From Wikipedia, the free encyclopedia
Jump to: navigation, search
WikiProject Economics  
WikiProject icon This article is within the scope of WikiProject Economics, a collaborative effort to improve the coverage of Economics on Wikipedia. If you would like to participate, please visit the project page, where you can join the discussion and see a list of open tasks.
 ???  This article has not yet received a rating on the project's quality scale.
 ???  This article has not yet received a rating on the project's importance scale.

Soliciting expert input[edit]

This is a particularly poor definition of embeddedness (which is a far more general concept, and one that is foundational to the new economic sociology). Input from an expert is sorely needed. DarwinPeacock (talk) 22:44, 9 April 2010 (UTC) I wouldn't call myself an expert, but I've just been reading some stuff and think I can contribute.

Granovetter himself writes: "[...]I call the argument the argument of embeddedness: the argument that the behaviour and institutions to be analyzed are so constrained by ongoing social relations theat to construe them as independent is a grievous misunderstanding." (Granovetter, Mark (1985): Economic Action and Social Structure: The Problem of Embeddedness. AJS Volume 91, 3 (November), pp. 481-510.) So maybe a better definition would be: Embeddedness is the idea that social behaviour and institutions are constrained and influenced by ongoing social relations. In particular, the concept criticises Role Theory and Rational Choice Theory for constructing individual behaviour as exclusively determined by roles or, repectively, the pursuit of maximal utility.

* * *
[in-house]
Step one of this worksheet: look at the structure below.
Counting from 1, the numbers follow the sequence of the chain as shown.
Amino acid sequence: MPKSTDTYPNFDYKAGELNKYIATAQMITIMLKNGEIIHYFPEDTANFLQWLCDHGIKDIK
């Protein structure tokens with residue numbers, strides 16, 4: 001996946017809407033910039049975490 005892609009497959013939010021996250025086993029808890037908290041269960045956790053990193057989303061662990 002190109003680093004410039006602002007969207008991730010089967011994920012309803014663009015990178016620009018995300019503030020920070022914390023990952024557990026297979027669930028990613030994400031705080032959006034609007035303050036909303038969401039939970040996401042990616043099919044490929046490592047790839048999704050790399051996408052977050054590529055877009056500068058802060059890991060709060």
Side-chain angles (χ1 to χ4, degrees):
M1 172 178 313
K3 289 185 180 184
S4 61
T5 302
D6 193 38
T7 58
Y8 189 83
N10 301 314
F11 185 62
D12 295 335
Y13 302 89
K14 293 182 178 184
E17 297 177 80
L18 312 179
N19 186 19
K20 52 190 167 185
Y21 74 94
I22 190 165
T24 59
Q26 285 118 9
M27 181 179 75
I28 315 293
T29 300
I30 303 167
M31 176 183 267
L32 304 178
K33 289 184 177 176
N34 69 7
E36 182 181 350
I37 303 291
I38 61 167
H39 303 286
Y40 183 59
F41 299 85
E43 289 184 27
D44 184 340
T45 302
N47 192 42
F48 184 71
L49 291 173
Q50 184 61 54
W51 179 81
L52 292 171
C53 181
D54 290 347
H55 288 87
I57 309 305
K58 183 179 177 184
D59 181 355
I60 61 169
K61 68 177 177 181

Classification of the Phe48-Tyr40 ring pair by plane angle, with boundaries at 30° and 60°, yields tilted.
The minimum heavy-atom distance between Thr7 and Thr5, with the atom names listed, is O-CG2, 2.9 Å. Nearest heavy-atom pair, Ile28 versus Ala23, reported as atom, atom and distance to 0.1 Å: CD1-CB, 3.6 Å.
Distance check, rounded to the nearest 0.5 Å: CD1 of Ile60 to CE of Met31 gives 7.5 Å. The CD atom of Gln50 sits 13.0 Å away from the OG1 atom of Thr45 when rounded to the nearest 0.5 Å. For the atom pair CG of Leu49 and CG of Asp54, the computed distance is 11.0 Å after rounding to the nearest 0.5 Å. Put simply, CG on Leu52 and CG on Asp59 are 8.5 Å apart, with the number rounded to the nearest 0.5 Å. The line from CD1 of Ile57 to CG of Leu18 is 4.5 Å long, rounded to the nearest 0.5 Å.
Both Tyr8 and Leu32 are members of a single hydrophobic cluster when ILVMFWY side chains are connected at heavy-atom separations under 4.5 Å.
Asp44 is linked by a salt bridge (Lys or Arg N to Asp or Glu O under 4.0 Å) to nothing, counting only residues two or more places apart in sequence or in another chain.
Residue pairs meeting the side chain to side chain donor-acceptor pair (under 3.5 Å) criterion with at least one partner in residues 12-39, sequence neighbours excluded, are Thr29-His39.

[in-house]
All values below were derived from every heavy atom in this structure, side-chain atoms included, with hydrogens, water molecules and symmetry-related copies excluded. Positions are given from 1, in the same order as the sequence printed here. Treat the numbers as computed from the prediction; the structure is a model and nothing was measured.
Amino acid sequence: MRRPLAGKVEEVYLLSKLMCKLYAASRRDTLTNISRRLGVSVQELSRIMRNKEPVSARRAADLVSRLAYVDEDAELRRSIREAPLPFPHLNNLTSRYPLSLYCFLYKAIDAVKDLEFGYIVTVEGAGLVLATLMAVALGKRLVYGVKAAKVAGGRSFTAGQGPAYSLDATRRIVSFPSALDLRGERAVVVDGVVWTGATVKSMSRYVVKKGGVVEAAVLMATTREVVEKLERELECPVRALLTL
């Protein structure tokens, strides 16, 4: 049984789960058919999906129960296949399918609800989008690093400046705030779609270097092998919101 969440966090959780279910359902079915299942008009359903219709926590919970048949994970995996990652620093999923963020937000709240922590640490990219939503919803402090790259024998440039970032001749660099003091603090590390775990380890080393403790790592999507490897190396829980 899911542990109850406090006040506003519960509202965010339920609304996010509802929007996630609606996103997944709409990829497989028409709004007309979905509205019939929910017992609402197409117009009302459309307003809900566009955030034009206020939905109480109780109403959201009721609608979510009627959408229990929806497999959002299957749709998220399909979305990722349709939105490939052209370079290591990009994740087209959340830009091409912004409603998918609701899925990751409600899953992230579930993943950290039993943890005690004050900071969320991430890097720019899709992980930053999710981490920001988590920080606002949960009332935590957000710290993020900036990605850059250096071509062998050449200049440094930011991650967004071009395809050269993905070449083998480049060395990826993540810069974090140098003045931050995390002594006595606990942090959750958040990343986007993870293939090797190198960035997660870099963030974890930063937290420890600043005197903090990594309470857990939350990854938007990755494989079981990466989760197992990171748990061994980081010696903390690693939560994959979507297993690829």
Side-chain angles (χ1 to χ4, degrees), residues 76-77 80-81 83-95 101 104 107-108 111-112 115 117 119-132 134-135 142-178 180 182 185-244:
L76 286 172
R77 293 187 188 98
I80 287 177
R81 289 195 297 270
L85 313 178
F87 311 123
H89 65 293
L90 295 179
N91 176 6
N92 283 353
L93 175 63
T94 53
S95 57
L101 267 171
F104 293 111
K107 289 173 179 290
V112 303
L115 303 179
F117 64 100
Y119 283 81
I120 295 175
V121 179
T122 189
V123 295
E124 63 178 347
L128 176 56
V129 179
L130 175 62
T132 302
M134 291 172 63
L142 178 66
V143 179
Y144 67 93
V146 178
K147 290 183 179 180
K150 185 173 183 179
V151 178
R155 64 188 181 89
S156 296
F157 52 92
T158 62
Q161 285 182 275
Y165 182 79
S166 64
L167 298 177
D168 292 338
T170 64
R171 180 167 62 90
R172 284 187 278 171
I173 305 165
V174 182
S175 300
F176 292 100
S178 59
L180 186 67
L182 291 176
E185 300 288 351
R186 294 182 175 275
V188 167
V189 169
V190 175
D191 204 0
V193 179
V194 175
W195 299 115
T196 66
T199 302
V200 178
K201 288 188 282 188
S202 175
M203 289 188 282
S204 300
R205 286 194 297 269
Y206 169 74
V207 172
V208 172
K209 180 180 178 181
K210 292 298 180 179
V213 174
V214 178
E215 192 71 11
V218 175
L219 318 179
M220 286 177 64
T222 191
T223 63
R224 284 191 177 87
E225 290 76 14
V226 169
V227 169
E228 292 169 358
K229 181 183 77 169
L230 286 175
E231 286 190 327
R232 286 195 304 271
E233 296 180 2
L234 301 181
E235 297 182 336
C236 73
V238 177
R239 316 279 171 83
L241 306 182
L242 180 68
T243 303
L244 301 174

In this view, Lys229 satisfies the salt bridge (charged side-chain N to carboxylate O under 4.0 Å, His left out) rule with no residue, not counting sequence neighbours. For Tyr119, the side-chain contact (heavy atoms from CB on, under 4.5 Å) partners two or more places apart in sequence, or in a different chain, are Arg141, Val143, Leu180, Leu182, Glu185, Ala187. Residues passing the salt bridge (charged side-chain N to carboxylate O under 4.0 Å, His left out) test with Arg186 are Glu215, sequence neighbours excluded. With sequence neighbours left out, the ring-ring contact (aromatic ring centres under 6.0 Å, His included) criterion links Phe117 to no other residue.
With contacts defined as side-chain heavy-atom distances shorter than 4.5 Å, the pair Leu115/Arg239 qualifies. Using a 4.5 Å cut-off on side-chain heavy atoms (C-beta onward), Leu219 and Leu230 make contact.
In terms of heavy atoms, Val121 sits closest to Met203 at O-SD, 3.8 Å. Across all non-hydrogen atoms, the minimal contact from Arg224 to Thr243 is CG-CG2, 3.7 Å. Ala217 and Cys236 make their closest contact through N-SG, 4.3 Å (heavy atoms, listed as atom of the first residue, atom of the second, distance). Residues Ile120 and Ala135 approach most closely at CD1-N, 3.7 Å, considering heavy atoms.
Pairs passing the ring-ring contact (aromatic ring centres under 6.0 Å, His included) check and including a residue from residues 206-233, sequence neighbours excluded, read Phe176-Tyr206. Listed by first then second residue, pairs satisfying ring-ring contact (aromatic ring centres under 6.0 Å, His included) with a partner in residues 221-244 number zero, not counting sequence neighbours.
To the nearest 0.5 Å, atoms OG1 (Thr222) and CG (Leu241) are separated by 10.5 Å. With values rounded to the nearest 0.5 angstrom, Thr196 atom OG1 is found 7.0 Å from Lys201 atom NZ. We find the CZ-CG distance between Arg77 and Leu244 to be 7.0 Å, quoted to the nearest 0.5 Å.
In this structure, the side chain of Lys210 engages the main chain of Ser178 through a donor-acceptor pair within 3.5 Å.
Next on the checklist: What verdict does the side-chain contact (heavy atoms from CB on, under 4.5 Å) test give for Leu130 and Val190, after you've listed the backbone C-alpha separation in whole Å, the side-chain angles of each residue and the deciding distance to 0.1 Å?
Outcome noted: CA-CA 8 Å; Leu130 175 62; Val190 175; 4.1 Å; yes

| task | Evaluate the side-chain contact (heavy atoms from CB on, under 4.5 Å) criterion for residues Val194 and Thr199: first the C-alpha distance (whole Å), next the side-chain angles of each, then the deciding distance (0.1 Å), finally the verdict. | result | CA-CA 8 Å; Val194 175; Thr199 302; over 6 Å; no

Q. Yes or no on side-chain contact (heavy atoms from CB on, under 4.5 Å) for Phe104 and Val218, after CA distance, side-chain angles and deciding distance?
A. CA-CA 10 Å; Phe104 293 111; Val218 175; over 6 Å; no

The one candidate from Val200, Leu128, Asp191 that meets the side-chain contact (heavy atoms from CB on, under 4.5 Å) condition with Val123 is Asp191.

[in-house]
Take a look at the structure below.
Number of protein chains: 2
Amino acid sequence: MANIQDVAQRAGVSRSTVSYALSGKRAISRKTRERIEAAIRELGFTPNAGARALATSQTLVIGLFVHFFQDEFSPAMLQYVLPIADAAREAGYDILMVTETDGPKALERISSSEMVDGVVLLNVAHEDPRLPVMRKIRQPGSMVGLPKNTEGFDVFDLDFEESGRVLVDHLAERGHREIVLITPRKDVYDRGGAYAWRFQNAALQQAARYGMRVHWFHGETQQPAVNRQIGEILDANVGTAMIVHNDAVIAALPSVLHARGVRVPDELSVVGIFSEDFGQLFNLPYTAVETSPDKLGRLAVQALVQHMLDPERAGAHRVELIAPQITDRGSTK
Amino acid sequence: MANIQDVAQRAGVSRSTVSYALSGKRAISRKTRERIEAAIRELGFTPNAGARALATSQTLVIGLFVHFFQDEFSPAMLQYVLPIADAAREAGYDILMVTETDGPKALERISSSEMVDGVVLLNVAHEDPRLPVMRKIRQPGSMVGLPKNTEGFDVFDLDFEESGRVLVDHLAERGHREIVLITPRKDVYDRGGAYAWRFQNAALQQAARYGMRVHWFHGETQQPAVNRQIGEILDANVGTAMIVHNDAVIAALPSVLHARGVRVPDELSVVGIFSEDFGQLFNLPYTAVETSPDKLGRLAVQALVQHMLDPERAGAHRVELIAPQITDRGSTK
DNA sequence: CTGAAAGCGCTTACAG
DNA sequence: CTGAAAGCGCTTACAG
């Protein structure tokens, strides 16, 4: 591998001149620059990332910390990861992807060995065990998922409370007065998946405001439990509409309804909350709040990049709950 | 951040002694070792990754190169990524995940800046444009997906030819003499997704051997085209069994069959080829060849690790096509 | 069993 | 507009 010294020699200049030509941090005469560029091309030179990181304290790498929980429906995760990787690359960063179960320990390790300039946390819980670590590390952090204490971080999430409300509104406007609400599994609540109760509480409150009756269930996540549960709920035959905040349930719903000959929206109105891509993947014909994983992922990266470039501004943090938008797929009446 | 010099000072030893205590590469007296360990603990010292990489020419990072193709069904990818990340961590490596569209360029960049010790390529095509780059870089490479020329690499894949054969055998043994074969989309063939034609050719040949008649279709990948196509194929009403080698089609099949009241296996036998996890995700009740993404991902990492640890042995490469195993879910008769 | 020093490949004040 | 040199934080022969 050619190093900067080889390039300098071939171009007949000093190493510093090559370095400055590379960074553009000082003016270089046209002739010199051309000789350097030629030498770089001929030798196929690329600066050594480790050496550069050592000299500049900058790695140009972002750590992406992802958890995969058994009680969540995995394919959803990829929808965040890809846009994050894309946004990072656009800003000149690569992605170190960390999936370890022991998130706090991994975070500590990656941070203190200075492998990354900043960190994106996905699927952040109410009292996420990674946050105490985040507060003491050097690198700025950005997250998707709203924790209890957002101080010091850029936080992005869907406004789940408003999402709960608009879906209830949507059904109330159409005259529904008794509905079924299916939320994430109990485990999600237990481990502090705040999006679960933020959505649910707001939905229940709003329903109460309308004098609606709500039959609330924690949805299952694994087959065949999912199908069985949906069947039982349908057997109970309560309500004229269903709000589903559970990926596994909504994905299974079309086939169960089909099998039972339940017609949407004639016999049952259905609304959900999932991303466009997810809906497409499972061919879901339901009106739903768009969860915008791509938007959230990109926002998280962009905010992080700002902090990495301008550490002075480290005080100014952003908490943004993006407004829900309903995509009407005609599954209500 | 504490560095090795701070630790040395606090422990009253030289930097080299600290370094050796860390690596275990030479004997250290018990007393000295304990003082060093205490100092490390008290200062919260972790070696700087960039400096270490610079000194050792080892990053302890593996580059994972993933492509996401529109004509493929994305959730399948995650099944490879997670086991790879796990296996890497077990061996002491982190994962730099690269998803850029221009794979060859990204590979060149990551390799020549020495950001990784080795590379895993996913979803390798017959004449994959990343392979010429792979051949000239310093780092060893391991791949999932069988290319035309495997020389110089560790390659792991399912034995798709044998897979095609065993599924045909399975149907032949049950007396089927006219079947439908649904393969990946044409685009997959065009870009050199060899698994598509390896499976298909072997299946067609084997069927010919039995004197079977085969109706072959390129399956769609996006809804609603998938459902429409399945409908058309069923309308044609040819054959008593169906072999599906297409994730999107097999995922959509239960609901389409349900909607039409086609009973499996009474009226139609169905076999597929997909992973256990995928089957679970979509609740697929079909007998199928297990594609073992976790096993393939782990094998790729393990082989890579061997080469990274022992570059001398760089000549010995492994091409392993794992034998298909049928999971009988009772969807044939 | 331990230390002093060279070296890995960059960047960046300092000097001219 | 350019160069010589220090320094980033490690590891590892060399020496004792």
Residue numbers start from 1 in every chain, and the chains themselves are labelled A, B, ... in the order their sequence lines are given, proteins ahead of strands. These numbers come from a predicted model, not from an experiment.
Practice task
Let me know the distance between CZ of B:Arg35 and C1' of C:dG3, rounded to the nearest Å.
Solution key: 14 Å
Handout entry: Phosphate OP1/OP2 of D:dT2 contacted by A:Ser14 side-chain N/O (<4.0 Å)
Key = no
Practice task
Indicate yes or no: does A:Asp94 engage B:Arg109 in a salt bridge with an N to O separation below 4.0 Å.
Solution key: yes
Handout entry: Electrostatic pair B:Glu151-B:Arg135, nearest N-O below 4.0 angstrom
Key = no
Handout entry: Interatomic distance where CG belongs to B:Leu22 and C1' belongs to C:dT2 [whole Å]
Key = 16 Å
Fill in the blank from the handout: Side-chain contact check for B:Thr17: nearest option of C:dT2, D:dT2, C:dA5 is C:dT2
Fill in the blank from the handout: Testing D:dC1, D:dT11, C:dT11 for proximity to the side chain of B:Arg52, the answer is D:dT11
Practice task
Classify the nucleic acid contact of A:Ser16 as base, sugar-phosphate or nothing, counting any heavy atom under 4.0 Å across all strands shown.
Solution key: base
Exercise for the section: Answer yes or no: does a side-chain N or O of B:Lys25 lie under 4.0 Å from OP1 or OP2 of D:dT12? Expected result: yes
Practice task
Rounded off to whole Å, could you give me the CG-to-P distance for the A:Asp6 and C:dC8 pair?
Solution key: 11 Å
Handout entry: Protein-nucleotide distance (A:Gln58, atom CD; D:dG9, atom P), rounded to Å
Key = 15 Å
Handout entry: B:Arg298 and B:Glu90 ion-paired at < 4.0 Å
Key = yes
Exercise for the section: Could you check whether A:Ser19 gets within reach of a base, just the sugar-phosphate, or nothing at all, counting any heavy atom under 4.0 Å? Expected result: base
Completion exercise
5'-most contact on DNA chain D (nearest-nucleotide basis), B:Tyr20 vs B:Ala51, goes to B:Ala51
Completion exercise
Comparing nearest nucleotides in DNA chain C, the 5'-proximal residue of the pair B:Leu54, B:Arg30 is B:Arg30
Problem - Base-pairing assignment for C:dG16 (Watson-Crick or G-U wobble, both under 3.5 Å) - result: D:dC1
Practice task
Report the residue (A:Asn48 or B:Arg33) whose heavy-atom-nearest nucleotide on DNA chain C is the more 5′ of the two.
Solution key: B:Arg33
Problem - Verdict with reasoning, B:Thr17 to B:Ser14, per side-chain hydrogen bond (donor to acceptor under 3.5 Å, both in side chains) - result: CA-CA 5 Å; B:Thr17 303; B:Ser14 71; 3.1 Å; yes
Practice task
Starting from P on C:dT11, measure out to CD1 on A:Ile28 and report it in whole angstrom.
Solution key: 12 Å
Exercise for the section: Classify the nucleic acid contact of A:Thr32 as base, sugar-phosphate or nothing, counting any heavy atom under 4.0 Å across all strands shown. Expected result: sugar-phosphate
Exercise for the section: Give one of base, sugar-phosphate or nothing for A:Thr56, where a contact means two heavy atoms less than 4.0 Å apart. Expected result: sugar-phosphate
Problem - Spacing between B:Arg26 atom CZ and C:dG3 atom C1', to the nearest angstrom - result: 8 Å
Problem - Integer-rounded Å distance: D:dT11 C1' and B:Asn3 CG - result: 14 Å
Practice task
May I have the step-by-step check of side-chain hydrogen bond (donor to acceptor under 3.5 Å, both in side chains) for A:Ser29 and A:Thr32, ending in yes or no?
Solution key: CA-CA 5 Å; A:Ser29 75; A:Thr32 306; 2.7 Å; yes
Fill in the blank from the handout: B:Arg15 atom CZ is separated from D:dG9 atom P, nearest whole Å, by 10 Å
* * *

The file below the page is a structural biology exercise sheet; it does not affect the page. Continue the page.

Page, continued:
Best Greetings, Martin —Preceding unsigned comment added by (talk) 15:03, 31 October 2010 (UTC)

No expert is needed: as any number entries on Google (including some on Wiki) will show, the notion of embeddedness has been coined by Karl Polanyi ("The great transformation", 1944) Barbara Czarniawska (talk) 13:33, 17 November 2010 (UTC)